It is a wearisome business trying to guess what the USPTO will do next in its demands to know where the trademark applicant sleeps at night. It is recalled that the USPTO’s stated reason why it supposedly needs so badly to know where the applicant sleeps at night is so that the USPTO can figure out whether the applicant is faking a US domicile to avoid having to retain a US attorney. Common sense would suggest that if, prior to the mailing of the Office Action, the applicant had already taken the step of retaining a US attorney, then there would be no reason to require the applicant to reveal where he or she sleeps at night. Indeed in many cases the trademark application was filed in the first place by a US attorney, so that at no point during the pendency of the application would this inquiry into the applicant’s sleeping habits have been needed.
In one recent development, the USPTO doubled down on its policy of inquiring into applicants’ sleeping habits, filing its appellee’s brief in a litigation against the USPTO about this policy. (See blog article.) But in another development, the USPTO has blinked a little bit.
About nine months ago, on May 22, 2022, one hundred and eleven trademark applicants and practitioners wrote a letter to the Commissioner for Trademarks, David Gooder asking the Commissioner to back down on its demands to know where the applicant sleeps at night. One of the points made in the letter was this:
For an applicant that is a legal person, the Office’s strained interpretation of “domicile” is such that the information demanded by the Office (termed “domicile address”) is the revelation of the place where “the entity’s senior executives or officers ordinarily direct and control the entity’s activities and is usually the center from where other locations are controlled”. It will be appreciated that for many small startup businesses, there may be only one or two senior executives or officers, and the place where these things happen is extremely likely to be someone’s home. In other words, for many small startup businesses, when the Office demands to know the domicile address of the legal entity, this works out to be the same thing as demanding to know where some natural person sleeps at night.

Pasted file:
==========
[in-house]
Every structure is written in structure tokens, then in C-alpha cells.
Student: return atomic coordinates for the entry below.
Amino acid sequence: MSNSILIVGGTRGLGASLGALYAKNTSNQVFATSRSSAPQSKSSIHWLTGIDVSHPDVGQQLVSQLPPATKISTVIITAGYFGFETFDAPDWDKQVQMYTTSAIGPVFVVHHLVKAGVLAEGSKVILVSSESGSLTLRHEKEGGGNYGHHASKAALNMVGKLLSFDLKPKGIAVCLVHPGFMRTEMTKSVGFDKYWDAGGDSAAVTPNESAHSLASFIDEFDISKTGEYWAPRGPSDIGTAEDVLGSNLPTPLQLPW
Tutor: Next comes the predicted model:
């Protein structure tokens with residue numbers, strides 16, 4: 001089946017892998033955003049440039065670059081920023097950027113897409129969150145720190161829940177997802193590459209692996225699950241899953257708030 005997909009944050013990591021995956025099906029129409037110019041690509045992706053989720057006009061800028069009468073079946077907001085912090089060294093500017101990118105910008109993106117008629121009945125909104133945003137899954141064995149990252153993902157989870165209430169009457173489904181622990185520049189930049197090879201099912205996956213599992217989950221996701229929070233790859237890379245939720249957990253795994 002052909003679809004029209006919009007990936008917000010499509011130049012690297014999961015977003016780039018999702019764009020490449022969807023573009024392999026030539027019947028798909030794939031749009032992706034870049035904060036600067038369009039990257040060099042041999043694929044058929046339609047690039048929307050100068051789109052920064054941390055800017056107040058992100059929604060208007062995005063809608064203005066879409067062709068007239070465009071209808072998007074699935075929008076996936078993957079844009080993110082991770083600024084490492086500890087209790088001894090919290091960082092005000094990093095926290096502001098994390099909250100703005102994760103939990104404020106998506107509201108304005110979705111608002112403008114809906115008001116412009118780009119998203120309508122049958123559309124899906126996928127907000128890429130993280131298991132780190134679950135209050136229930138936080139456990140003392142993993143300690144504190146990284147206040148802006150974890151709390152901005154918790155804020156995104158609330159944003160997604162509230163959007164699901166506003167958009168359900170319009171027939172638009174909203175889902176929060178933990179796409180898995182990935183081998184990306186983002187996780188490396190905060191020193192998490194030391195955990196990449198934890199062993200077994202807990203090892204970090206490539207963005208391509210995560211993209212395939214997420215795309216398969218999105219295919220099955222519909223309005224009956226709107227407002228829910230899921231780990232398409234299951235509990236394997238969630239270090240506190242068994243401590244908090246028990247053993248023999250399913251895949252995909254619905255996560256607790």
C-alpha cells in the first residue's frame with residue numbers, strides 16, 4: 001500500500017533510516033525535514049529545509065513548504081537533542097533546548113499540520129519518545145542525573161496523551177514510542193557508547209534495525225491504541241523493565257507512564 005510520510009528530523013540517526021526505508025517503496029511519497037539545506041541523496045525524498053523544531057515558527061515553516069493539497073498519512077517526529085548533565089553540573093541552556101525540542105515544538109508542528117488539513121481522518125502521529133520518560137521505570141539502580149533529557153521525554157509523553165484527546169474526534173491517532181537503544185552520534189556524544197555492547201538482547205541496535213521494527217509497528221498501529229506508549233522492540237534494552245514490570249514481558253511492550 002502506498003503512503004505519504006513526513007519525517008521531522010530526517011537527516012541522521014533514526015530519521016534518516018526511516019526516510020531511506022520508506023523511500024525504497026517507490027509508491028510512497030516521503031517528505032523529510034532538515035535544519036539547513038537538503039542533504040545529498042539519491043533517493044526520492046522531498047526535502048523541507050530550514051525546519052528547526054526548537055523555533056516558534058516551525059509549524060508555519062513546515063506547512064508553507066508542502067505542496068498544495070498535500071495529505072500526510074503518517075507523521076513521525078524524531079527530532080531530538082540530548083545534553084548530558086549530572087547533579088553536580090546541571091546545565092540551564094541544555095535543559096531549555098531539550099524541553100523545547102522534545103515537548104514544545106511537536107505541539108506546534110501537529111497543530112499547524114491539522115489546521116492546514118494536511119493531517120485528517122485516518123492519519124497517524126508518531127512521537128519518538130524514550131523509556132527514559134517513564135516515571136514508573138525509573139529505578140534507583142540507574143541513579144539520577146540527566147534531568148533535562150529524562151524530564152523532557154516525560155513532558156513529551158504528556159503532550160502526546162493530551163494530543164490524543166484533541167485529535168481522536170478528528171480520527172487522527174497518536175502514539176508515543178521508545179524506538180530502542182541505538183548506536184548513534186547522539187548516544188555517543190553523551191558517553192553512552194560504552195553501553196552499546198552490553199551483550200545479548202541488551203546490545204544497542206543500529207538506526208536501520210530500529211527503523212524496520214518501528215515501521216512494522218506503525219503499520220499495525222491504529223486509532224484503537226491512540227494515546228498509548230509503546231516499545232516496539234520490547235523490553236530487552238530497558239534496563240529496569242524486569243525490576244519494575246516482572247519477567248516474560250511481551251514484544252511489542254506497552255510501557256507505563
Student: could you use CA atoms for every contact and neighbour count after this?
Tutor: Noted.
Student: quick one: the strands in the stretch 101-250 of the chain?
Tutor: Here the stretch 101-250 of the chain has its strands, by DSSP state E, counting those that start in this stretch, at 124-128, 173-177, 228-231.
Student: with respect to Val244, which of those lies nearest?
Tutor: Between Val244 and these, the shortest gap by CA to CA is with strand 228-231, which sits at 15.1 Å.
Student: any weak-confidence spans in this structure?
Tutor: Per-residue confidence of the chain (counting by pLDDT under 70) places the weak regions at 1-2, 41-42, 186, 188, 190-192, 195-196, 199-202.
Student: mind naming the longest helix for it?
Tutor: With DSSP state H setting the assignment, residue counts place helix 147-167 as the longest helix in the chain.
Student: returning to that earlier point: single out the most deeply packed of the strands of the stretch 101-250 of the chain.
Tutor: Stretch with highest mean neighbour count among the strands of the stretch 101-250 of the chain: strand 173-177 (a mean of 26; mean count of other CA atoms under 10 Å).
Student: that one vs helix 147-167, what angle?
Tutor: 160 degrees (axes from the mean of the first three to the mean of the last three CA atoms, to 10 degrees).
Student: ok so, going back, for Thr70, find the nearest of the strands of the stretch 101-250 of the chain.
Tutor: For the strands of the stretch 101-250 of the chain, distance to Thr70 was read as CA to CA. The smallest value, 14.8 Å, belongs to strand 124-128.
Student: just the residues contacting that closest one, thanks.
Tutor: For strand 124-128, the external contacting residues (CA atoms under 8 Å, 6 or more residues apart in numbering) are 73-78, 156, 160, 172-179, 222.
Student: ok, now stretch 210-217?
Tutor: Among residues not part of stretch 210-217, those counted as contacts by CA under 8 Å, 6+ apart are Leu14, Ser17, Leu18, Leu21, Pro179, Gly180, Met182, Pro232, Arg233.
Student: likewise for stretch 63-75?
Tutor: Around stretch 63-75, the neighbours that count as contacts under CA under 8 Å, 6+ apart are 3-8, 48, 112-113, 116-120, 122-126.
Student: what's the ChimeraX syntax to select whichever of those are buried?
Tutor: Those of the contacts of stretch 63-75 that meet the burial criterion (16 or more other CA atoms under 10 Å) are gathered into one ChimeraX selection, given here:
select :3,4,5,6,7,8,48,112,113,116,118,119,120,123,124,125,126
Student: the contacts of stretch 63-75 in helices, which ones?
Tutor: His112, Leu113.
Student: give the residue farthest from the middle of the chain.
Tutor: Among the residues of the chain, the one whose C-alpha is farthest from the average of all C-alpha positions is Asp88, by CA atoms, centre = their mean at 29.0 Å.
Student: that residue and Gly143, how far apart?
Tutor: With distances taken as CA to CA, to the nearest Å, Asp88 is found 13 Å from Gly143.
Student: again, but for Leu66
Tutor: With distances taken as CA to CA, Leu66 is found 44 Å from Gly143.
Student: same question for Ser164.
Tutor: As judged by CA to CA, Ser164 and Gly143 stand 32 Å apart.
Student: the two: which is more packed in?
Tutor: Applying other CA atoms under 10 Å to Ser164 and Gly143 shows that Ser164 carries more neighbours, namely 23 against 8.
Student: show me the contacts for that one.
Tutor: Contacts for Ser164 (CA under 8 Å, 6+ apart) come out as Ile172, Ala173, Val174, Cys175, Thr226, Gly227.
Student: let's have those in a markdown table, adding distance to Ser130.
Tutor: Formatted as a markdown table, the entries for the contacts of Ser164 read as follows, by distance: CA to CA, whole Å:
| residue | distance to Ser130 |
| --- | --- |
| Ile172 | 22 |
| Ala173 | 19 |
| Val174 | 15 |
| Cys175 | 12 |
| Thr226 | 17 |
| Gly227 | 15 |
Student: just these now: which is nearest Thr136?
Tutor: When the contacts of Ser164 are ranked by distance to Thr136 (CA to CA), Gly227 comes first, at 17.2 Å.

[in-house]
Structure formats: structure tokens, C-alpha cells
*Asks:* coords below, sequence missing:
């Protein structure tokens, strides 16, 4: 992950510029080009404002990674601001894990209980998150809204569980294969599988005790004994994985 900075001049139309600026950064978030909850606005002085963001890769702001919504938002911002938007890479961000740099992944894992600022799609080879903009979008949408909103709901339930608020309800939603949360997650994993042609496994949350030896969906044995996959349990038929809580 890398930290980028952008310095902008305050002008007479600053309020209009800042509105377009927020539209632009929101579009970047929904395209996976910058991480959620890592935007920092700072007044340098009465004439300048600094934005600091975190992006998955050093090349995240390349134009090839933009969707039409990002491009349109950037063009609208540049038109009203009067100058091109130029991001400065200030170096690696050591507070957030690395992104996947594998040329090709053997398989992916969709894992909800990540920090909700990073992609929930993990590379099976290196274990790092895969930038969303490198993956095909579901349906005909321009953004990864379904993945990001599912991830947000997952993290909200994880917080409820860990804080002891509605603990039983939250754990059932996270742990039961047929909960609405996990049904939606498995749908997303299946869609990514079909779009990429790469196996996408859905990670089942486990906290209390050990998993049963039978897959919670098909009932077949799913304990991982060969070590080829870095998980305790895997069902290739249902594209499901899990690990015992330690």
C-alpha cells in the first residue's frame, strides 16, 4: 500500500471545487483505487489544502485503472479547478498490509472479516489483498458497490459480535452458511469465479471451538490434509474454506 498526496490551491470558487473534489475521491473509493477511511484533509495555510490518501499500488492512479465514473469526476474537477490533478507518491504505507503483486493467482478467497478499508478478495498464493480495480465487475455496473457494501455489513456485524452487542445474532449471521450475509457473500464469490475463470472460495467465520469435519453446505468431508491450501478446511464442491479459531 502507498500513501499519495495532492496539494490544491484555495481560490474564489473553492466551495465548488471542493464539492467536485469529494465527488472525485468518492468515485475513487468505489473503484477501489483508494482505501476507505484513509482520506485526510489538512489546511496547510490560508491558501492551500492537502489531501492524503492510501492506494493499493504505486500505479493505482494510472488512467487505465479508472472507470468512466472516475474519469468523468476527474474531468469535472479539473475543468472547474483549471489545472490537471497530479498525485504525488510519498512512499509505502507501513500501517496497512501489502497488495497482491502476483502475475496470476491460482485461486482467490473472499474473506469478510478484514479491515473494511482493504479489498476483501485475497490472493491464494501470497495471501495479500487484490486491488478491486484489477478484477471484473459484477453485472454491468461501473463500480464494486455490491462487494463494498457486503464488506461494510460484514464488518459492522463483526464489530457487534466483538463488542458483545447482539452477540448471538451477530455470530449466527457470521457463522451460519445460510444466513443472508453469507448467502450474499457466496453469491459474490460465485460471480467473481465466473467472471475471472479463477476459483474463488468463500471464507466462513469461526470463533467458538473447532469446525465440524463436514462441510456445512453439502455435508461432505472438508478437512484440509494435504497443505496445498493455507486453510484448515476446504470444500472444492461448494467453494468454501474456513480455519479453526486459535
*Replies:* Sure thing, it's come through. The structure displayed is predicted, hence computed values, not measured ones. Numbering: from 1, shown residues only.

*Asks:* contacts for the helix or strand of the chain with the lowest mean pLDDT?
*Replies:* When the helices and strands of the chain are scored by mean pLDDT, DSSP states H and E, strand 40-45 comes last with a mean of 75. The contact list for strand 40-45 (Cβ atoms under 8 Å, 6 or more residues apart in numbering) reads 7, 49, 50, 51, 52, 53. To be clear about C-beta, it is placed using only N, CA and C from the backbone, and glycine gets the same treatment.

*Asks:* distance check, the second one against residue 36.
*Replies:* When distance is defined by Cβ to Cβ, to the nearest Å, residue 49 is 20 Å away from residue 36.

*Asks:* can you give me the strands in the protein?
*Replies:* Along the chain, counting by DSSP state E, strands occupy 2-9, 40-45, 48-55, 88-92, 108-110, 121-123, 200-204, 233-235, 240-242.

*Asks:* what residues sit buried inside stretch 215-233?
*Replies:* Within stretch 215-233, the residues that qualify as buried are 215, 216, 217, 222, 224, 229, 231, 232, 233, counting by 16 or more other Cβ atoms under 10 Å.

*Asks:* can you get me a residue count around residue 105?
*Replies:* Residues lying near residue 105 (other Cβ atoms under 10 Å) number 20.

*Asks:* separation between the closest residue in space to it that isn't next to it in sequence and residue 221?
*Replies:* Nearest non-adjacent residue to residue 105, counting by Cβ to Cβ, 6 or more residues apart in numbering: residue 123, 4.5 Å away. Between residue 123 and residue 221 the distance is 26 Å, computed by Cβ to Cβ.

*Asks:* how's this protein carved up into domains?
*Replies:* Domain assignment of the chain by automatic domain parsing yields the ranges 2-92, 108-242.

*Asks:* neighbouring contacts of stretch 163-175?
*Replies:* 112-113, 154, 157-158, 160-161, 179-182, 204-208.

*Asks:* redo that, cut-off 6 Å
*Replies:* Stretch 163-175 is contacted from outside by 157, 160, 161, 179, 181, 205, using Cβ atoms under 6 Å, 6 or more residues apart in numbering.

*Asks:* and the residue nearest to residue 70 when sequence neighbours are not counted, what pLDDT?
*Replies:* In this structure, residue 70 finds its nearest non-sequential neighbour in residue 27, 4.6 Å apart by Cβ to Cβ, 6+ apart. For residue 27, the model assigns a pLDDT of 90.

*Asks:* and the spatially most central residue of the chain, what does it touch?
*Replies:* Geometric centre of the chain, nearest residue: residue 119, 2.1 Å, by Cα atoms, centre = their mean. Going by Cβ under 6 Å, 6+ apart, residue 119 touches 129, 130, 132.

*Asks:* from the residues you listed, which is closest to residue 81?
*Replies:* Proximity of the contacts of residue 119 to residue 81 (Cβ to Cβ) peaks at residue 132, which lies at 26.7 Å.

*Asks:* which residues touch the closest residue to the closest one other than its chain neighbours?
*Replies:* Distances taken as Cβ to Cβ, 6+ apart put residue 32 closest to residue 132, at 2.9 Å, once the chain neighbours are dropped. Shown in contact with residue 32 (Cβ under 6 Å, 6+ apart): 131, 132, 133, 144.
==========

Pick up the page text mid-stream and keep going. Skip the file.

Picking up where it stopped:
Now comes a recent backing-down by Commissioner Gooder. A new form paragraph appears in recent Office Actions:
[One option for an avoiding having to explain where a person sleeps at night is t]o provide a detailed explanation that applicant has no fixed physical address. If applicant has no physical headquarters where its senior executives or officers ordinarily direct and control the business (e.g., because the business is conducted virtually), applicant should state for the record that applicant has no fixed physical address and provide a detailed explanation of the circumstances. To provide this explanation, open the correct TEAS response form and enter the serial number, answer “yes” to question 3, and on the “Additional Statement(s)” page, in the “Miscellaneous Statement” field, enter the referenced explanation in the text box.
The timing of the establishment of this new form paragraph, a few months after Commissioner Gooder received the letter from one hundred and eleven trademark applicants and practitioners, seems unlikely to be mere coincidence. It certainly looks like this was a sotto voce response to the letter. Of course what would have been nice, even courteous, is if Commissioner Gooder had gone to the trouble to acknowledge this to the one hundred and eleven applicants and practitioners. But to this day, Commissioner Gooder has never answered that letter.
One Reply to “USPTO responds to one hundred eleven trademark practitioners on “where you sleep at night””
Hi, Carl –
I received a trademark office action today with the new form paragraph and couldn’t believe my eyes. Happy to see it, but no cite to TMEP or other guidance on what will be successful for providing a “detailed explanation of the circumstances ” of why our client uses a commercial mail receiving agency. Please post any successful ROAs you come across.
It’s a great step forward though, so I am thanking you and every one of the other 111 applicants and practitioners.
US Reg Patent Attorney